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COVID-19 vaccine: Biotech firm meets an important milestone
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COVID-19 vaccine: Biotech firm meets an important milestone

A promising coronavirus vaccine candidate cleared a key hurdle this week, when Moderna Therapeutics entered phase two of clinical trials. The move signals that the company’s mRNA vaccine has passed its initial safety checks and has met an important milestone in bringing this drug closer to the public and commercial markets.
After almost five months of global deaths and economic shutdowns wrought by the COVID-19 pandemic, people are anxiously awaiting a glimmer of hope for a return to normal routines. This partly explains the recent frenzy over results from Moderna and its frontrunner candidate, which moved from the company’s lab in Cambridge, Massachusetts, to human trials in a record-setting 63 days.
On May 18, the biotech company had announced preliminary findings that healthy subjects had responded to its mRNA vaccine by producing “neutralizing antibodies.” Antibodies are the key sentinels made by the immune system to prevent infection by the coronavirus. Experts were quick to point out that the results applied to only eight people out of 45 in the trial, which is being conducted by the U.S. National Institute of Allergy and Infectious Diseases. The company has not released sufficient information to gauge whether the phase one subjects had protective immune responses, which is widely considered by immunologists to involve more than simply producing antibodies.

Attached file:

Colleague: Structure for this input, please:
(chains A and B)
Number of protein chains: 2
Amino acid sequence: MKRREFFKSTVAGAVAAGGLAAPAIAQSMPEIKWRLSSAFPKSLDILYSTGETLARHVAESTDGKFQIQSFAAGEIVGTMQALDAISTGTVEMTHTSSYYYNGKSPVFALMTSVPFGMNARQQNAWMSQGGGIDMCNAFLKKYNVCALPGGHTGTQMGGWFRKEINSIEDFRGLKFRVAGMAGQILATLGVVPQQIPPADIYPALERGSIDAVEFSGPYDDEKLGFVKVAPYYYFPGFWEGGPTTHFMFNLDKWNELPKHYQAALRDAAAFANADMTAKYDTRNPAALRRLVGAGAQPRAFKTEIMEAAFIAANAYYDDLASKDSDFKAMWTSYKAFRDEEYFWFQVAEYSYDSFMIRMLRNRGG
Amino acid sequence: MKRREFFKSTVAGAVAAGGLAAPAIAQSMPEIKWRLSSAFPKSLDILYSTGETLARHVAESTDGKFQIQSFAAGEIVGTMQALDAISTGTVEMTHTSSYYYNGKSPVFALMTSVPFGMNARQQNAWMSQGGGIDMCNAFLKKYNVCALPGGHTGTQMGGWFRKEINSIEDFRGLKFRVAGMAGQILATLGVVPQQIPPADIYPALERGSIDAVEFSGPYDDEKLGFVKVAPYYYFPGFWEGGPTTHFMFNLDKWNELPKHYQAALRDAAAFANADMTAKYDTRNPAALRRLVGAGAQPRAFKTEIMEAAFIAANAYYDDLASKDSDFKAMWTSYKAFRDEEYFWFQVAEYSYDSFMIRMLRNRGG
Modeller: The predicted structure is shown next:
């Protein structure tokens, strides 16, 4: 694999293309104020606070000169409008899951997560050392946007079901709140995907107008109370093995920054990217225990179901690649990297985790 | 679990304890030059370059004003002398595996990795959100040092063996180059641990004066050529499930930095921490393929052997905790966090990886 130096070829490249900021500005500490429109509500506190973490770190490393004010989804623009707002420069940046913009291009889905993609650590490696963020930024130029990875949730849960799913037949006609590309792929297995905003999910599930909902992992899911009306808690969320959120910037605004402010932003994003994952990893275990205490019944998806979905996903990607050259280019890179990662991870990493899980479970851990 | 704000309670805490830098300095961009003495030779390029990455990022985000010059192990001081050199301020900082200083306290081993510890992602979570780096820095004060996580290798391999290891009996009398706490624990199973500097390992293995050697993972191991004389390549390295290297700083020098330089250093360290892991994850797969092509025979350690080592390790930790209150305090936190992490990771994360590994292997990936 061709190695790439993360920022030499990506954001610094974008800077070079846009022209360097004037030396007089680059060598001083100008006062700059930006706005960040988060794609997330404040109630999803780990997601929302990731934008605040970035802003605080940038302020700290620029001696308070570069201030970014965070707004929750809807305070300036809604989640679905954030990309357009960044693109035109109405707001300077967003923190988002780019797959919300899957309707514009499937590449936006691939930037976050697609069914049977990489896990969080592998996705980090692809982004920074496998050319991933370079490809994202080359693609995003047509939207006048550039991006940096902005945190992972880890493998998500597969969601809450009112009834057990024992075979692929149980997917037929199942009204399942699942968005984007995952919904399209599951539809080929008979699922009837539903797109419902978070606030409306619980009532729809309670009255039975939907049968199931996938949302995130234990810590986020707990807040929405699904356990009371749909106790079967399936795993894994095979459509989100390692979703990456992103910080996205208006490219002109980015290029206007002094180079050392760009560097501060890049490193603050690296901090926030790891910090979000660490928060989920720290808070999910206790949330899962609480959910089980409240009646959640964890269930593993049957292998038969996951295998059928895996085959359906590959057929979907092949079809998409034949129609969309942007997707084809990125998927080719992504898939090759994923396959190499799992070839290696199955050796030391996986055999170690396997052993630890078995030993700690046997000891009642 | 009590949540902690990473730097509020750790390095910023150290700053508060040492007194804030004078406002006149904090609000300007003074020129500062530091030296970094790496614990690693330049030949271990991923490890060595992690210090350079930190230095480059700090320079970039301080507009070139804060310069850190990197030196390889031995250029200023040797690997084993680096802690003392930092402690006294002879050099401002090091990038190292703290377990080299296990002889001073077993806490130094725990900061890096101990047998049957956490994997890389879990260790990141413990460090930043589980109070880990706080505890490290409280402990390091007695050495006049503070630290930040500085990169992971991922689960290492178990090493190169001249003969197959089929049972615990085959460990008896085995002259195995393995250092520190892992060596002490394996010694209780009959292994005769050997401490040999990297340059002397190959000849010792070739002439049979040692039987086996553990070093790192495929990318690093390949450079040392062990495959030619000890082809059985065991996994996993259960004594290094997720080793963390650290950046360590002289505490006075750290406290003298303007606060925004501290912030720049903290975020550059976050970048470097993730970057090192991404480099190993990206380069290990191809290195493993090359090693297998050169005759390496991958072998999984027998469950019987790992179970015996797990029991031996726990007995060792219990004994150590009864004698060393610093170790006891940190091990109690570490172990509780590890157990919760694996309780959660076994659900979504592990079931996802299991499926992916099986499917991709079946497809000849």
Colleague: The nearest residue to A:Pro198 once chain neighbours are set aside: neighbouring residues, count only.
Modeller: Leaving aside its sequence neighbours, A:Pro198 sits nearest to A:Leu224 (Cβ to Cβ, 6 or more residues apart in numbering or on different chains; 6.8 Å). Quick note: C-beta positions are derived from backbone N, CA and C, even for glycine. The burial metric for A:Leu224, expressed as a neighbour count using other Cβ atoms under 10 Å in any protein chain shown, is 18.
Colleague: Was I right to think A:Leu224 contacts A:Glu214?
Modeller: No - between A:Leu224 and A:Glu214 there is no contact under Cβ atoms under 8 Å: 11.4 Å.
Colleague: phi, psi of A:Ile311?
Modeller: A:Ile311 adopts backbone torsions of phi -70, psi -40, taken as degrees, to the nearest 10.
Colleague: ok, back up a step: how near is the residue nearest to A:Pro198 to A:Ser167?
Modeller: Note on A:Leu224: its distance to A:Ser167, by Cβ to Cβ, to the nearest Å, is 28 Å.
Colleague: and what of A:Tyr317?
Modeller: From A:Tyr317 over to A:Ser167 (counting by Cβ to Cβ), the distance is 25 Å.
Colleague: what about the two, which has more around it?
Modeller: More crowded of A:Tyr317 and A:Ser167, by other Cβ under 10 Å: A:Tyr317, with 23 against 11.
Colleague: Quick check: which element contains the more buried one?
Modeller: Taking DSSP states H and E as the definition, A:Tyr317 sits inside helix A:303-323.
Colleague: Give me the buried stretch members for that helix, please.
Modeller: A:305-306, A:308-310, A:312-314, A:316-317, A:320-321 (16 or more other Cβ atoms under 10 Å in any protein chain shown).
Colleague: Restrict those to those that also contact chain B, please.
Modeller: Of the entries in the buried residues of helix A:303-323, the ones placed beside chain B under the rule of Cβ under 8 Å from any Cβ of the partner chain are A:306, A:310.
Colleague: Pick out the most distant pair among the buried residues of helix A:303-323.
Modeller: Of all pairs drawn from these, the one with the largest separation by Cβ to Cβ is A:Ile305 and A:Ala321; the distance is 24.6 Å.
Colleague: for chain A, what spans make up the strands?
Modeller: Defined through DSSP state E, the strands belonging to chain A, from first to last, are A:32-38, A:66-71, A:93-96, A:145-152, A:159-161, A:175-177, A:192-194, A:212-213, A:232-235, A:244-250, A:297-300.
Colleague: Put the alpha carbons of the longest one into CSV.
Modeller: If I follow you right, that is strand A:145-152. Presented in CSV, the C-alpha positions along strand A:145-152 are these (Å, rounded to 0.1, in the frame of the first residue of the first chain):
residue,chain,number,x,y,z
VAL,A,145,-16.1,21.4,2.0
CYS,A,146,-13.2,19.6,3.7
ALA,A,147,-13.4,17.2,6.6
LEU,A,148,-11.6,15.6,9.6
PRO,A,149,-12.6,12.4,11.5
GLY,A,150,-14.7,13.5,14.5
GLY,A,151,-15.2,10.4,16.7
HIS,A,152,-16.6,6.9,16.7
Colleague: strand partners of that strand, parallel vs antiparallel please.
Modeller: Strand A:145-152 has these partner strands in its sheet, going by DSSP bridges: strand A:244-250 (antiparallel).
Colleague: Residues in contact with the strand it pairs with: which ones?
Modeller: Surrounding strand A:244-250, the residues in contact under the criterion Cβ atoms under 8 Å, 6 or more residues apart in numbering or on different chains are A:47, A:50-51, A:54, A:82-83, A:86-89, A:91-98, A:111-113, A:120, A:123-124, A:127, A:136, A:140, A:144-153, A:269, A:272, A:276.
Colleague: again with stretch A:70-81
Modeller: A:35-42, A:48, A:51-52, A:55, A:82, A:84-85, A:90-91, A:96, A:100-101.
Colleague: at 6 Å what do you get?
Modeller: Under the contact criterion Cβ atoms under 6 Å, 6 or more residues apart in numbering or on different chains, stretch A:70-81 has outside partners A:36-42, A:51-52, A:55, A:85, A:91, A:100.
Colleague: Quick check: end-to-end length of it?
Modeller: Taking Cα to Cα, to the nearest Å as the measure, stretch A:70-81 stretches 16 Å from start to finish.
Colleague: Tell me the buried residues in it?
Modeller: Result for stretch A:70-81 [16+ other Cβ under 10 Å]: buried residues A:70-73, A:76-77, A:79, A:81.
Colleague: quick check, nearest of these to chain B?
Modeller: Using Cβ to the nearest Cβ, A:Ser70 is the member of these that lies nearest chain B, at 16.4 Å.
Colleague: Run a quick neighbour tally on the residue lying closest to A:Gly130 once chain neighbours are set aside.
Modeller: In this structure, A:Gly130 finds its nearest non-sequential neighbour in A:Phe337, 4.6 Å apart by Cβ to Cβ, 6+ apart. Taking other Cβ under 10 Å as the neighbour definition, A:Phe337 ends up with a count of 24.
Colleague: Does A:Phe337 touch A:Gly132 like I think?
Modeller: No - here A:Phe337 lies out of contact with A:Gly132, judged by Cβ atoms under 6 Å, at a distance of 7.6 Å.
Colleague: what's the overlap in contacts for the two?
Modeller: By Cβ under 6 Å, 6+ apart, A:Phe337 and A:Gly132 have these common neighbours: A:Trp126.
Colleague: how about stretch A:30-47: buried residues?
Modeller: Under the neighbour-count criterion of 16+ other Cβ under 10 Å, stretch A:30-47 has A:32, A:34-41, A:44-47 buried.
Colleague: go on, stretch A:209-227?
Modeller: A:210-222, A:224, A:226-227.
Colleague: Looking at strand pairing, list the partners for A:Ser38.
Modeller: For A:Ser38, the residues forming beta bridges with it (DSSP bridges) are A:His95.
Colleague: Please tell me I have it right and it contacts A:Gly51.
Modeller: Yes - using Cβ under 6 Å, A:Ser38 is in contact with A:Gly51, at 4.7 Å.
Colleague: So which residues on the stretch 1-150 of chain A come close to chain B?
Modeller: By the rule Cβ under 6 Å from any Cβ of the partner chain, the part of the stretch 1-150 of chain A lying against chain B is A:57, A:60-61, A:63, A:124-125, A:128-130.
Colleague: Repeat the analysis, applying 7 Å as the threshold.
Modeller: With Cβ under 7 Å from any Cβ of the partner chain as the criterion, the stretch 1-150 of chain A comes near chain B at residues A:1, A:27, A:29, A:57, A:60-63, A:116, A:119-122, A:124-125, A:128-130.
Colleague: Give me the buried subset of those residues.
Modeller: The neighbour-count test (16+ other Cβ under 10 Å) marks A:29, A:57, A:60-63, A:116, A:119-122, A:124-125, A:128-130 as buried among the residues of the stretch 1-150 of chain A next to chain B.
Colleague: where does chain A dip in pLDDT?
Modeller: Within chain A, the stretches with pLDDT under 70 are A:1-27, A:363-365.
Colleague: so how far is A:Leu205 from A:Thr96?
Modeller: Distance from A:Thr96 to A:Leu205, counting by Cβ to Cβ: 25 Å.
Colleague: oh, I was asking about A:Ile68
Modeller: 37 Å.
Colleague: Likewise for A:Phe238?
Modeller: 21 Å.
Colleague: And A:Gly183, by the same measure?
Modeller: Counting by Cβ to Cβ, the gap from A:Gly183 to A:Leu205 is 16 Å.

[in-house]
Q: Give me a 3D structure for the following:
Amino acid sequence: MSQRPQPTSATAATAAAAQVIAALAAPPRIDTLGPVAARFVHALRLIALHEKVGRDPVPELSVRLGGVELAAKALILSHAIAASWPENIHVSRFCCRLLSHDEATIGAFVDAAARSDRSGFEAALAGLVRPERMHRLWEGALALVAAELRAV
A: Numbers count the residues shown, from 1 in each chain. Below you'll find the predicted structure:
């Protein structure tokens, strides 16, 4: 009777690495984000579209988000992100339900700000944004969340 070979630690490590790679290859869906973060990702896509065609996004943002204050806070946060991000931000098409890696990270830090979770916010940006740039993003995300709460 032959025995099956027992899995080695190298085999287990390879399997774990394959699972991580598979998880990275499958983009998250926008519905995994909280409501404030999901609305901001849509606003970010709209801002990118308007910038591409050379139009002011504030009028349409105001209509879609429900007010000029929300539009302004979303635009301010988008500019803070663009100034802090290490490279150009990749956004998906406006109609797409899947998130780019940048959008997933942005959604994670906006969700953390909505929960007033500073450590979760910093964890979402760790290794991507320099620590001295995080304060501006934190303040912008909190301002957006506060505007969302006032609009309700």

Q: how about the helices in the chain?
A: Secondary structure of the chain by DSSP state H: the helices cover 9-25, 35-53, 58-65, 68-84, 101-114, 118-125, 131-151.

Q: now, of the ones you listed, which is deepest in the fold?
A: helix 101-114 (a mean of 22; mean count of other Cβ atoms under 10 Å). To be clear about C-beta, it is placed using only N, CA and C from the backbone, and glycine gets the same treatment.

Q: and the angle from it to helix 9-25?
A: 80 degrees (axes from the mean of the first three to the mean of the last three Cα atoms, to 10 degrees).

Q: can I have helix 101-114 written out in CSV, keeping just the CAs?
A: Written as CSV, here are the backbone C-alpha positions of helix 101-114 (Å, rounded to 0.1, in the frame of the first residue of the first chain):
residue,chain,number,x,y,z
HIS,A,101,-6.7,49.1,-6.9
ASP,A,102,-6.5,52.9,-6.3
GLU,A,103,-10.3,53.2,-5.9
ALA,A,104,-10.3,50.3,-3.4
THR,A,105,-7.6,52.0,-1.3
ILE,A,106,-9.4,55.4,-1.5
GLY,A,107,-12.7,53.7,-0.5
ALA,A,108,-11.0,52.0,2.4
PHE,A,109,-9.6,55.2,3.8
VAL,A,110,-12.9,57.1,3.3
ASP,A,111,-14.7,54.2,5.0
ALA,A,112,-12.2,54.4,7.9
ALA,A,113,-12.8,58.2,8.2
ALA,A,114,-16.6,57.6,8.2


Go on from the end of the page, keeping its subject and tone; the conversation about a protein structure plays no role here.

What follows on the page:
But the details that Moderna did present, paired with the latest announcement, suggest that the company may be on its way to achieving something unprecedented: licensing the first mRNA vaccine for human use.
“The results are exciting, because they've got phase one data showing that the vaccine is safe, which is a big deal,” says Ali Salem, a drug developer and professor at the University of Iowa’s College of Pharmacy who is not involved in the Moderna trial.
The phase two trial will involve an estimated 600 participants spread across 10 sites and eight states. Those sites began screening for subjects this week, and if they qualify based on physical exams, some will receive immunizations starting this coming Monday. After this story initially published, Moderna confirmed via press release that the first participants in each age group of the trial—adults below and above age 55—have received doses of the company's candidate.
“Our principal investigators would easily say that these studies are the most important that they’ve done in their lifetimes,” says Jaime Farra, a marketing director at the Alliance for Multispecialty Research, which is running a site in Newton, Kansas.
Whenever a germ infects a body, our immune systems scramble to recognize and mount a response. Traditional vaccines take advantage of that response by injecting whole but inactive viruses, or their whole proteins, into our bodies, triggering an immune reaction. These vaccines take time to develop, in part because scientists must grow and inactivate an entire germ or its proteins in a specific way.